Survey measures Hispanics’ views of Jews, Jewish culture

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Hispanics who have higher levels of education, income and acculturation — as well as frequent personal contact with Jewish people — have a better understanding and more positive views of Jews than other Hispanics in the United States.

That was a primary finding of a survey conducted by Latino Decisions, a nationally recognized firm with expertise in the Hispanic community, on behalf of the American Jewish Committee.

Erma Lopez celebrates the Jewish Sukkot festival by waving date palm fronds and citron at the Sinai Temple in Los Angeles.  (David Crane/AJClosangeles)

Overall, 18 percent of Hispanics are highly familiar with Jews, and 31 percent are not familiar with them at all, according to the report.

“This comprehensive, insightful survey will inform and advance our ongoing efforts to engage Latino communities, form coalitions, and deepen understanding of American Jews and Israel,” said Dina Siegel Vann, director of AJC’s Latino and Latin American Institute.

Latino Decisions conducted a survey of 2,000 Hispanics to determine familiarity of and attitudes toward Jews. Surveys were conducted between Aug. 12 and Sept. 26, 2011, in New York City, Miami, Los Angeles, Chicago and Kansas City, Mo. The locations were selected based on Jewish and Hispanic populations and geographic diversity.

“On the whole, we find Latinos hold many positive views about the Jewish community,” Latino Decisions said. “At the same time, Latino opinions are hampered by limited contact and general unfamiliarity with Jews.”

Nearly half of all Hispanic-Jewish interactions happen in the workplace, according to the survey.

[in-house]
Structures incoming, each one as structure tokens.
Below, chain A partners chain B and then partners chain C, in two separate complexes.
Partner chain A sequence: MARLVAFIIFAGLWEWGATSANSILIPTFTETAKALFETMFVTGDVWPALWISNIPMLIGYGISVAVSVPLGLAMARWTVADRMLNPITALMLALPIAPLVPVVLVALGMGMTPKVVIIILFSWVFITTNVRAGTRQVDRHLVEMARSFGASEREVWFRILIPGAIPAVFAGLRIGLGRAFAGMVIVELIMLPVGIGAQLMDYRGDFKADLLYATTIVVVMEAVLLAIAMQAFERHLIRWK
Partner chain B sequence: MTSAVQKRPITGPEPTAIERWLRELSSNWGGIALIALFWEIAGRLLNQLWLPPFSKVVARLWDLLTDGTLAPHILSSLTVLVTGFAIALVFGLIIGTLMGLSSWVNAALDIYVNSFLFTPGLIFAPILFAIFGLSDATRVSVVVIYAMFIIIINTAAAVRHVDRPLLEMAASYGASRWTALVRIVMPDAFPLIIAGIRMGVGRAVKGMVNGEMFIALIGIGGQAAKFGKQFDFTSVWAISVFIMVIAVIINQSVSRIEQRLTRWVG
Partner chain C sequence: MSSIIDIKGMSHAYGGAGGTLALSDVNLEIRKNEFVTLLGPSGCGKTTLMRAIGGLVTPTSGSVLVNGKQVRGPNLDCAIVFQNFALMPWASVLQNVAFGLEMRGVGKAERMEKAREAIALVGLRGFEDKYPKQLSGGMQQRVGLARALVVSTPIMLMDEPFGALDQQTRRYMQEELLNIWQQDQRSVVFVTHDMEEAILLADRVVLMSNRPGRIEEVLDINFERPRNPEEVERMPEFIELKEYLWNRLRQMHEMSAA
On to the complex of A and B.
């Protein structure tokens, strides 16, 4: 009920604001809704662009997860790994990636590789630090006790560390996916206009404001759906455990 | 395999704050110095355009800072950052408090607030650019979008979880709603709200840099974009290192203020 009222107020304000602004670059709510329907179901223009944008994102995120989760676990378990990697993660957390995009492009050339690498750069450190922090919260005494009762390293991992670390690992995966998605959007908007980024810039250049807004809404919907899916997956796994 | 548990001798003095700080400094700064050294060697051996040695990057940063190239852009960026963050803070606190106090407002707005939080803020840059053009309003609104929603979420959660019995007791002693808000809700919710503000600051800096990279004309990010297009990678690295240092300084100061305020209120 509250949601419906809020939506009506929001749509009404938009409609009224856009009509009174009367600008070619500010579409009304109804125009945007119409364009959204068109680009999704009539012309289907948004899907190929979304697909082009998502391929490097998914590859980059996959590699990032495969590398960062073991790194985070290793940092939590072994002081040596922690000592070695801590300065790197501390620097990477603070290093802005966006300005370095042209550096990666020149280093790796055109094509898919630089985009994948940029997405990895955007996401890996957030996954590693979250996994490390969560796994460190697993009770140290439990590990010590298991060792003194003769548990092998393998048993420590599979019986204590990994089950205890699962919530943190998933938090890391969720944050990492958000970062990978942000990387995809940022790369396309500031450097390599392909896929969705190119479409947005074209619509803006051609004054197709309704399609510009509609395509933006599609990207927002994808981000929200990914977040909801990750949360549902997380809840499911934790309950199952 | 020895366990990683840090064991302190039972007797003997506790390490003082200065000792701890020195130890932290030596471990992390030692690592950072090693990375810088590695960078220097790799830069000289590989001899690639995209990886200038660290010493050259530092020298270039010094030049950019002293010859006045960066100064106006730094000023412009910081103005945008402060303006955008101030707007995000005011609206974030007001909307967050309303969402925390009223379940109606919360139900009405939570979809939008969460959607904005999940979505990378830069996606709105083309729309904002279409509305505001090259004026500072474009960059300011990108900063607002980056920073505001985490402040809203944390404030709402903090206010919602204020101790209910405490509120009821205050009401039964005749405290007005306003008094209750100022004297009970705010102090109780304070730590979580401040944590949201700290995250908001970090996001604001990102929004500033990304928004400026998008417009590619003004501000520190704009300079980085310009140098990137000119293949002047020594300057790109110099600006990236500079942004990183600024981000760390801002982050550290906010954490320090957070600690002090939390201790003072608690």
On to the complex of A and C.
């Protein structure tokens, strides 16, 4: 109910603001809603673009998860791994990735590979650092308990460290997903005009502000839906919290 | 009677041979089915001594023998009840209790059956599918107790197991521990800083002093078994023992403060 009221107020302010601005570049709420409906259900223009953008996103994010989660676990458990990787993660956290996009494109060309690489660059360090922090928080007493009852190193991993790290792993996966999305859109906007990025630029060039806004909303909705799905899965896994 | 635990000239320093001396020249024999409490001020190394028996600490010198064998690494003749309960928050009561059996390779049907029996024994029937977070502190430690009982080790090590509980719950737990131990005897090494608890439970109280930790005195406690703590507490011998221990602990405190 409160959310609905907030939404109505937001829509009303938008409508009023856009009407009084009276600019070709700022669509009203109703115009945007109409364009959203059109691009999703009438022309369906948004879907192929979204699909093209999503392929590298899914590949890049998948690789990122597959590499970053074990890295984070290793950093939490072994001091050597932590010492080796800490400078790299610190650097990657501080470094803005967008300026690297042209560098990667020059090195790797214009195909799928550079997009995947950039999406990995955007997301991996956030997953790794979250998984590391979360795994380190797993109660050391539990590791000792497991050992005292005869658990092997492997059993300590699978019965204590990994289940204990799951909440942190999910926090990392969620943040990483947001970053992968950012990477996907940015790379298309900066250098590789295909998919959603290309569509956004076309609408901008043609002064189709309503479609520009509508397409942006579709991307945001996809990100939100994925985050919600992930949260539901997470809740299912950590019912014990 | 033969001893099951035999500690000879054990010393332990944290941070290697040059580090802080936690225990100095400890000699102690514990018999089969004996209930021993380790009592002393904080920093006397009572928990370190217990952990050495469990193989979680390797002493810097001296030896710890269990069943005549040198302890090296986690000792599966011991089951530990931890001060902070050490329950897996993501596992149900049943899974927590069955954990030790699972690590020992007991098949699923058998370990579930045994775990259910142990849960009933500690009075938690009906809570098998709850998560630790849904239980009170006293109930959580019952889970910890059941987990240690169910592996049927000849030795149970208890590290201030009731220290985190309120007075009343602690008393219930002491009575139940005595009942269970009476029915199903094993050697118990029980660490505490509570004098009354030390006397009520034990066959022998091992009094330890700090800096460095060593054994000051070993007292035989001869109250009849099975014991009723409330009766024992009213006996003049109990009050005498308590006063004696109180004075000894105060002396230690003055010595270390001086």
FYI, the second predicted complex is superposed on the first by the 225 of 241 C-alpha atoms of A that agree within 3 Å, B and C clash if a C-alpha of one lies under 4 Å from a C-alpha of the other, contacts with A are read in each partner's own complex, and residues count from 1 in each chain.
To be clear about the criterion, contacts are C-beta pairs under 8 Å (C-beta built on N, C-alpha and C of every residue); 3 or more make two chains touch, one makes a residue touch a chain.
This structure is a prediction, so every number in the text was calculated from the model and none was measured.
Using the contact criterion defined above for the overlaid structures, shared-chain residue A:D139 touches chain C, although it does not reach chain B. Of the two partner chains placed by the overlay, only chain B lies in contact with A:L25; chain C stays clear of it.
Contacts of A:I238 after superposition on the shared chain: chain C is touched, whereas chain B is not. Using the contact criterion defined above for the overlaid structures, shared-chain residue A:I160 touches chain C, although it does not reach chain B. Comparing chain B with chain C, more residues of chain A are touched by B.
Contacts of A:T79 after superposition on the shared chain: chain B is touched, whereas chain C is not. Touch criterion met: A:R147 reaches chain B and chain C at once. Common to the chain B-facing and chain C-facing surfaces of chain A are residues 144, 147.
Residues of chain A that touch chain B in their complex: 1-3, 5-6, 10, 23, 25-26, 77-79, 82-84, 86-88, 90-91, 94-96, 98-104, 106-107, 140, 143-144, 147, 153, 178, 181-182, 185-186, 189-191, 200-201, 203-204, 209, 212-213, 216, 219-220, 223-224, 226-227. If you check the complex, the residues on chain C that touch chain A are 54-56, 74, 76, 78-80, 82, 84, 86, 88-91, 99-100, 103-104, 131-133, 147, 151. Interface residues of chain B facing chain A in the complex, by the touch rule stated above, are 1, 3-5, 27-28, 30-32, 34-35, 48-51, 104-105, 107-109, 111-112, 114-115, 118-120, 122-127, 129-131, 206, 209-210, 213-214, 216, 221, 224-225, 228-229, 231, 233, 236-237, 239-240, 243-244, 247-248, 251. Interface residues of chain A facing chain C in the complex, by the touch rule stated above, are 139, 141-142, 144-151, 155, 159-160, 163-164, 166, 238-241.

“Interpersonal connections are of the essence, particularly since Latino culture stresses trust and loyalty in the creation of substantive, long-term professional and political alliances,” said Siegel Vann.

Dina Siegel Vann, director of AJC’s Latino and Latin American Institute.

Other findings include:

  • 50 percent of Hispanics who do not have a high-school education have zero familiarity with Jews.
  • 38 percent of Hispanics who are college graduates have the highest rate of familiarity.
  • 50 percent of Hispanics with annual incomes over $80,000 have established relationships with Jews.
  • 41 percent of Hispanics who have annual incomes below $40,000, have no contacts with Jews.

Differences in familiarity also showed up between generations. For example, 38 percent of first-generation immigrants have no contact with Jews, 12 percent of second-generation members have no contact and 10 percent of third generations have no contact.

Despite low overall levels of high familiarity, large majorities of Hispanics believe Jews are committed to faith, family and social change:

  • 66 percent of Hispanics think Jews have a strong faith in God.
  • 78 percent said Jews are committed to family life.
  • 61 percent believe Jews make positive cultural contributions.
  • 53 percent agree that Jews are pro-civil rights.

The survey found limited Hispanic familiarity with the Israeli-Palestinian conflict, with 60 percent not expression an opinion about who is responsible for the conflict, 15 percent blaming Palestinians, 12 percent faulting both sides, 9 percent blaming Israel, and 3 percent saying neither side is at fault.

Like their own culture, a large percentage of Hispanics believe that Jews “stick together” more than other Americans, according to the report.

“Latinos, many of whom maintain close ties to their respective countries of origin, admire the American Jewish connection to Israel,” said Siegel Vann, “The Latino and Jewish communities are models for enriching U.S. society by expressing multiple identities.”

The survey also measured Hispanics’ views on Jewish influence in media and Jews’ role in the crucifixion of Jesus. Read the full survey at AJC.org.

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